Conservatives, GOP Denounce Biden Bailout of College Loan Debtors

Michael W. Chapman | August 30, 2022 | 3:39pm EDT
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(Getty Images)
(Getty Images)

(CNS News) -- Many conservatives and Republicans denounced President Joe Biden's plan to transfer student loan to the U.S. taxpayers, an action that could cost over $600 billion. Sen. Ted Cruz (R-Tex.), for instance, said, “Let’s be clear - there is no way to ‘cancel’ student debt. This will cost every taxpayer an average of $2100. Someone will pay the price for this policy and the price is likely to be felt by every American in the form of even higher inflation."

Biden's proposal, which likely will be challenged in court, would "forgive" -- transfer to taxpayers -- $10,000 in federal student loans for people making less than $125,000 a year; for low-income earners who received Pell Grants, it would cancel up to $20,000 in debt.  In addition, the pause on student loan repayment has been extended through Dec. 31, 2022. 

This plan will "provide more breathing room for people so they have less burden by student debt," said Biden, adding that the debt transfer will benefit about 43 million borrowers. 

Conservatives were not heartened by the idea.

President Joe Biden.  (Getty Images)
President Joe Biden. (Getty Images)

The "student loan 'cancellation' scheme is impolitic, unfair, expensive and irresponsible," said Heritage Foundation economist E.J. Antoni.  "The price tag will be about a half trillion dollars. Most of that money will go to upper income households.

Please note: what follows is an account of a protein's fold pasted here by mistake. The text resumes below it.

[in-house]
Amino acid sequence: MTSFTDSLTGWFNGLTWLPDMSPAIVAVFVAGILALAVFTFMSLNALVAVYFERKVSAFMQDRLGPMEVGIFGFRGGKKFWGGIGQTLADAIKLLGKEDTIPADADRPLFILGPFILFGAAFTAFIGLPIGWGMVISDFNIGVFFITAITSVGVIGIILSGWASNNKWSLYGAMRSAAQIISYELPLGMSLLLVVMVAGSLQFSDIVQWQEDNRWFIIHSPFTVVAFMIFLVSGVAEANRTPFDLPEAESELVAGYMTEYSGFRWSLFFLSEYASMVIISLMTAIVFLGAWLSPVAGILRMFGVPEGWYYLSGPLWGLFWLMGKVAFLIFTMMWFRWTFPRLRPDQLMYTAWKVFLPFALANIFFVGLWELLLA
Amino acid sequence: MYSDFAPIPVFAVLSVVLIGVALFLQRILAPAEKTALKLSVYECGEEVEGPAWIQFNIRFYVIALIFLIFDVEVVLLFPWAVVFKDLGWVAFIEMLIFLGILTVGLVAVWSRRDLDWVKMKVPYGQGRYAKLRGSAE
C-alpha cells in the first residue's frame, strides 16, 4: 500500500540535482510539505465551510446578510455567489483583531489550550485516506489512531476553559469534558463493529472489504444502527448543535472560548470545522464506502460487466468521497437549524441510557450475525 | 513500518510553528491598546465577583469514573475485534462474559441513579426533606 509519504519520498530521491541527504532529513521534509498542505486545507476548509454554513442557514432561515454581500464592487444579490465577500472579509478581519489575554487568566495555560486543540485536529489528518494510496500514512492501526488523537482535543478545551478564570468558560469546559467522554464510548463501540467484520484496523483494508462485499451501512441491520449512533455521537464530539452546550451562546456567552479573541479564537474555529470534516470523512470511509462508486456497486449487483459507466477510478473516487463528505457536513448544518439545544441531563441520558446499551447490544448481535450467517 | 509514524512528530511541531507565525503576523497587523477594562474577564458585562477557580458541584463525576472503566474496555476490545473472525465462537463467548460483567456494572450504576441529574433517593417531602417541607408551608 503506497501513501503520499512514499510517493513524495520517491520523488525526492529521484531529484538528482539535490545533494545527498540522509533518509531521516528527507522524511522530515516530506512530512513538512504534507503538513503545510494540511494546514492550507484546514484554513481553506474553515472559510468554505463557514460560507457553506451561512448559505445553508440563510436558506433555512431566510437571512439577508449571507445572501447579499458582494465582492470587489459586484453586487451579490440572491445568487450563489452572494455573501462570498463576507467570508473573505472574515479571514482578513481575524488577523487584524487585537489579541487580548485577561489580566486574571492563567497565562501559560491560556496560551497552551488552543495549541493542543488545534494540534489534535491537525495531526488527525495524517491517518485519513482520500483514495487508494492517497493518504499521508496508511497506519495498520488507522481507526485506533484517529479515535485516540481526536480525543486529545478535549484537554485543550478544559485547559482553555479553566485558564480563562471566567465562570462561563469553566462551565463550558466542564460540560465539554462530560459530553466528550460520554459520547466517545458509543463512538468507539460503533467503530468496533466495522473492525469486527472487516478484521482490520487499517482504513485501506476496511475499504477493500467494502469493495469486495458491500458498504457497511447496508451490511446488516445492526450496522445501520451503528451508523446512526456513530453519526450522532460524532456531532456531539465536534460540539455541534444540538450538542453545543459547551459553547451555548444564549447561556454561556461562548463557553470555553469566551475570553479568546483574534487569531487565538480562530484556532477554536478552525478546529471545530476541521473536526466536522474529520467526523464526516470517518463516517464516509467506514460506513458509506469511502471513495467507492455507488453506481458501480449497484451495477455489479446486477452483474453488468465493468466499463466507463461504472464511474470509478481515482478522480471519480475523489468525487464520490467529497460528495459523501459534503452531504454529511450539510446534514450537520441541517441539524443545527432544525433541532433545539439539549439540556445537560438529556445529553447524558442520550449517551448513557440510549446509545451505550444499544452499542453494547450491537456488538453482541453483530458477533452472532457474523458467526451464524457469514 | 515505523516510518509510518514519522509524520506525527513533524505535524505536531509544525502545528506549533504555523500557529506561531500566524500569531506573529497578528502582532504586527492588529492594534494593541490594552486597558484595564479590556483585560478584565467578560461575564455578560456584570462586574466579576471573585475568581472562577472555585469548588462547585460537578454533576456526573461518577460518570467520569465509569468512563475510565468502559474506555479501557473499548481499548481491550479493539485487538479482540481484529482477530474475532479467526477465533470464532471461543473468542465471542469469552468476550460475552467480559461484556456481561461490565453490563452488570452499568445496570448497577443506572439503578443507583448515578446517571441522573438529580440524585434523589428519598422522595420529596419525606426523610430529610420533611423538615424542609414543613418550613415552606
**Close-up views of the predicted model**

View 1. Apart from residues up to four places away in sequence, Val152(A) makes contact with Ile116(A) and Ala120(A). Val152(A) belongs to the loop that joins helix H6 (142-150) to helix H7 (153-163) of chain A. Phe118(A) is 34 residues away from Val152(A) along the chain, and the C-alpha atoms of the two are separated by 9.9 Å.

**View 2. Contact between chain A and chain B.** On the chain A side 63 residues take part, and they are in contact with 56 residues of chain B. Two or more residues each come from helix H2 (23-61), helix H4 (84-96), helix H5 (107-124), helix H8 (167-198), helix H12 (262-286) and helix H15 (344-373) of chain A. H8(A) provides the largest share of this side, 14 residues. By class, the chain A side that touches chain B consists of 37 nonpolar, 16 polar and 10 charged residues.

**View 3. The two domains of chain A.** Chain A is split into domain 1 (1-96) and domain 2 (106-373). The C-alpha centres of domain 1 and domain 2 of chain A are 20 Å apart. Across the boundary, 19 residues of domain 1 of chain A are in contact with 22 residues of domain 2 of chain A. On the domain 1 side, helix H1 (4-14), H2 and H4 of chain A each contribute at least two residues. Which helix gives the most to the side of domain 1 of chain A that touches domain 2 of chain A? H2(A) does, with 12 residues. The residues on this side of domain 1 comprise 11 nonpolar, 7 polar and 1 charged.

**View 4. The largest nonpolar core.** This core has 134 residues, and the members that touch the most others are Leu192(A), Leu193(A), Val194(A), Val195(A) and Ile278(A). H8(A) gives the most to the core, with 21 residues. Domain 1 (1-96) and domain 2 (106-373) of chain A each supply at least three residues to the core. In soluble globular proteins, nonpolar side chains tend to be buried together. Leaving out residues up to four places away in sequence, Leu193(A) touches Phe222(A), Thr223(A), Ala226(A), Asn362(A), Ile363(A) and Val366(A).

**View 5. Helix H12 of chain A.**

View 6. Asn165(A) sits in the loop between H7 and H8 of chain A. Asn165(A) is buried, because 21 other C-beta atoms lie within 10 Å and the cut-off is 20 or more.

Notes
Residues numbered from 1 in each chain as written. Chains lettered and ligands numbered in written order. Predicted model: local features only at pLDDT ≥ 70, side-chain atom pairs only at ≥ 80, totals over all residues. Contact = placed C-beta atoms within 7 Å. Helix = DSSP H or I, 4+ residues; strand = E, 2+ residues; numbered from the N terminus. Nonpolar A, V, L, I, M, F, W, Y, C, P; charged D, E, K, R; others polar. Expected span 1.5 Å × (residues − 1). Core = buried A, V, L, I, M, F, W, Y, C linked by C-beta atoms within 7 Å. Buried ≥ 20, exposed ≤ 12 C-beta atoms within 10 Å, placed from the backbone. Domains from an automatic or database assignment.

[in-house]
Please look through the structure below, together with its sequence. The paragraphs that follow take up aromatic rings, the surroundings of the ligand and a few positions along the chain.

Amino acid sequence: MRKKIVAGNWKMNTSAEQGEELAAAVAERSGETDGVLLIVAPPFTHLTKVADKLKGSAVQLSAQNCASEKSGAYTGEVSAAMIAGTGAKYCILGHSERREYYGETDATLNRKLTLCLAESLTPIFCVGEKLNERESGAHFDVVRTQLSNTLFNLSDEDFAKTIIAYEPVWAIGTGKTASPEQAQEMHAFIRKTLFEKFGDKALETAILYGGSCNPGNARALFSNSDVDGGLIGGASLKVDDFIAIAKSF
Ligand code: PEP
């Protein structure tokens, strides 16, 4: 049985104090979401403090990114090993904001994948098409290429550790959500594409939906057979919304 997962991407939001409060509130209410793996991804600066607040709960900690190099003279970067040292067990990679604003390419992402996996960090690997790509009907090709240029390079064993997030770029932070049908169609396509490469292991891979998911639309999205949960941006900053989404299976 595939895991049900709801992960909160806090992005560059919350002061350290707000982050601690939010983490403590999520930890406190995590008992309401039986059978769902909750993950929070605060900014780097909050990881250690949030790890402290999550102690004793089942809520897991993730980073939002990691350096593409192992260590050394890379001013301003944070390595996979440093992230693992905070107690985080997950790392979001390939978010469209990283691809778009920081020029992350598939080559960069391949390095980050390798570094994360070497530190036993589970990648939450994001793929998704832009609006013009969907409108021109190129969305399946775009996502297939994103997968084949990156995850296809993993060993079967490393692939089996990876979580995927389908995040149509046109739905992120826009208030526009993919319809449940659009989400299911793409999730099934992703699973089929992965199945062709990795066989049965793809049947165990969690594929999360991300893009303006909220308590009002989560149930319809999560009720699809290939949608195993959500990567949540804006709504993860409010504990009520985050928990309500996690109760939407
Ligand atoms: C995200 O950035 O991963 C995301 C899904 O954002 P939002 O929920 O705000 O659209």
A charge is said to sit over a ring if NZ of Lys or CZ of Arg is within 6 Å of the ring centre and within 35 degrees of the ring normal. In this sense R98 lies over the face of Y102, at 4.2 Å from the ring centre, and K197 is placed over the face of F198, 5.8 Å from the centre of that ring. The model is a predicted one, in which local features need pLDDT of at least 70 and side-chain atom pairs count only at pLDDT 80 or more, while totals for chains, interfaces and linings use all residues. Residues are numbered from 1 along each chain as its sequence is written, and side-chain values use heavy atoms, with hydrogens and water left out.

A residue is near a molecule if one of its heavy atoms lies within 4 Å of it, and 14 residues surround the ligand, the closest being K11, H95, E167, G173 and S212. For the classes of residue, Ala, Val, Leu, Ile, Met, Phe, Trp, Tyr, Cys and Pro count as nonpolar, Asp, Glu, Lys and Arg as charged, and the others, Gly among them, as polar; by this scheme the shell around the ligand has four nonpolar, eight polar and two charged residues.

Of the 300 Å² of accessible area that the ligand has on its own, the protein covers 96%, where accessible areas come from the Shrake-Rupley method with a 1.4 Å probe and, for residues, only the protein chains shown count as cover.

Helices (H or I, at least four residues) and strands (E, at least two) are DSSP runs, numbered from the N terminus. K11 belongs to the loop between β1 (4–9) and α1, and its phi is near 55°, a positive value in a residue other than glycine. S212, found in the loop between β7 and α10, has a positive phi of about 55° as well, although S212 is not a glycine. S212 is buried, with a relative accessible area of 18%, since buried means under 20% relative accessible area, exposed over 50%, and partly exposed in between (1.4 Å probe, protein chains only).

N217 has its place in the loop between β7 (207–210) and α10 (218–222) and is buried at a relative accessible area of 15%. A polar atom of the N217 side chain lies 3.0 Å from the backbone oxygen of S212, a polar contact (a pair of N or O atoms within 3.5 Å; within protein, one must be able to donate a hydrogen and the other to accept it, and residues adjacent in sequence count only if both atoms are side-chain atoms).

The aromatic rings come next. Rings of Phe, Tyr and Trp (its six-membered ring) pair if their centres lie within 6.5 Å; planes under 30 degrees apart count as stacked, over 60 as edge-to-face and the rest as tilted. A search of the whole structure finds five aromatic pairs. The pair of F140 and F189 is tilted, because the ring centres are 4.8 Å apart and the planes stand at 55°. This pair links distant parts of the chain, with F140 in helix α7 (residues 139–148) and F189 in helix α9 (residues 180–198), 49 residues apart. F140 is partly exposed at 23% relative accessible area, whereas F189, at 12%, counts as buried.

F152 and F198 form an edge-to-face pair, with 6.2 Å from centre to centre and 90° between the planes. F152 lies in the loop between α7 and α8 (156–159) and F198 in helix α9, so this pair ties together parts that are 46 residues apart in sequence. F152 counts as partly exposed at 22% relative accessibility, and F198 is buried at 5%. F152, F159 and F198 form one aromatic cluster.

"Who will pay for it?" said Antoni. "It will cost the average taxpayer over $2,000, and most of those are people who never went to college, never borrowed money to go to school, or responsibly repaid their loans."

Tim Benson, senior policy analyst at the Heartland Institute, said, "This executive action is a massive smack in the face to every sucker who paid off their loans themselves, or worked their way through college and gave up a whole lot of fun and free time just to keep their debt load to a minimum, or didn’t go to college at all. All three groups are now subsidizing the whiney, affluent, white-collar professional crybabies who are going to get their loans 'forgiven.'"

"Keep in mind the president has no constitutional authority to do so," added Benson.  "Even Nancy Pelosi agrees, stating in July of last year, 'people think that the President of the United States has the power for debt forgiveness. He does not. He can postpone. He can delay. But he does not have that power. That has to be an act of Congress.'"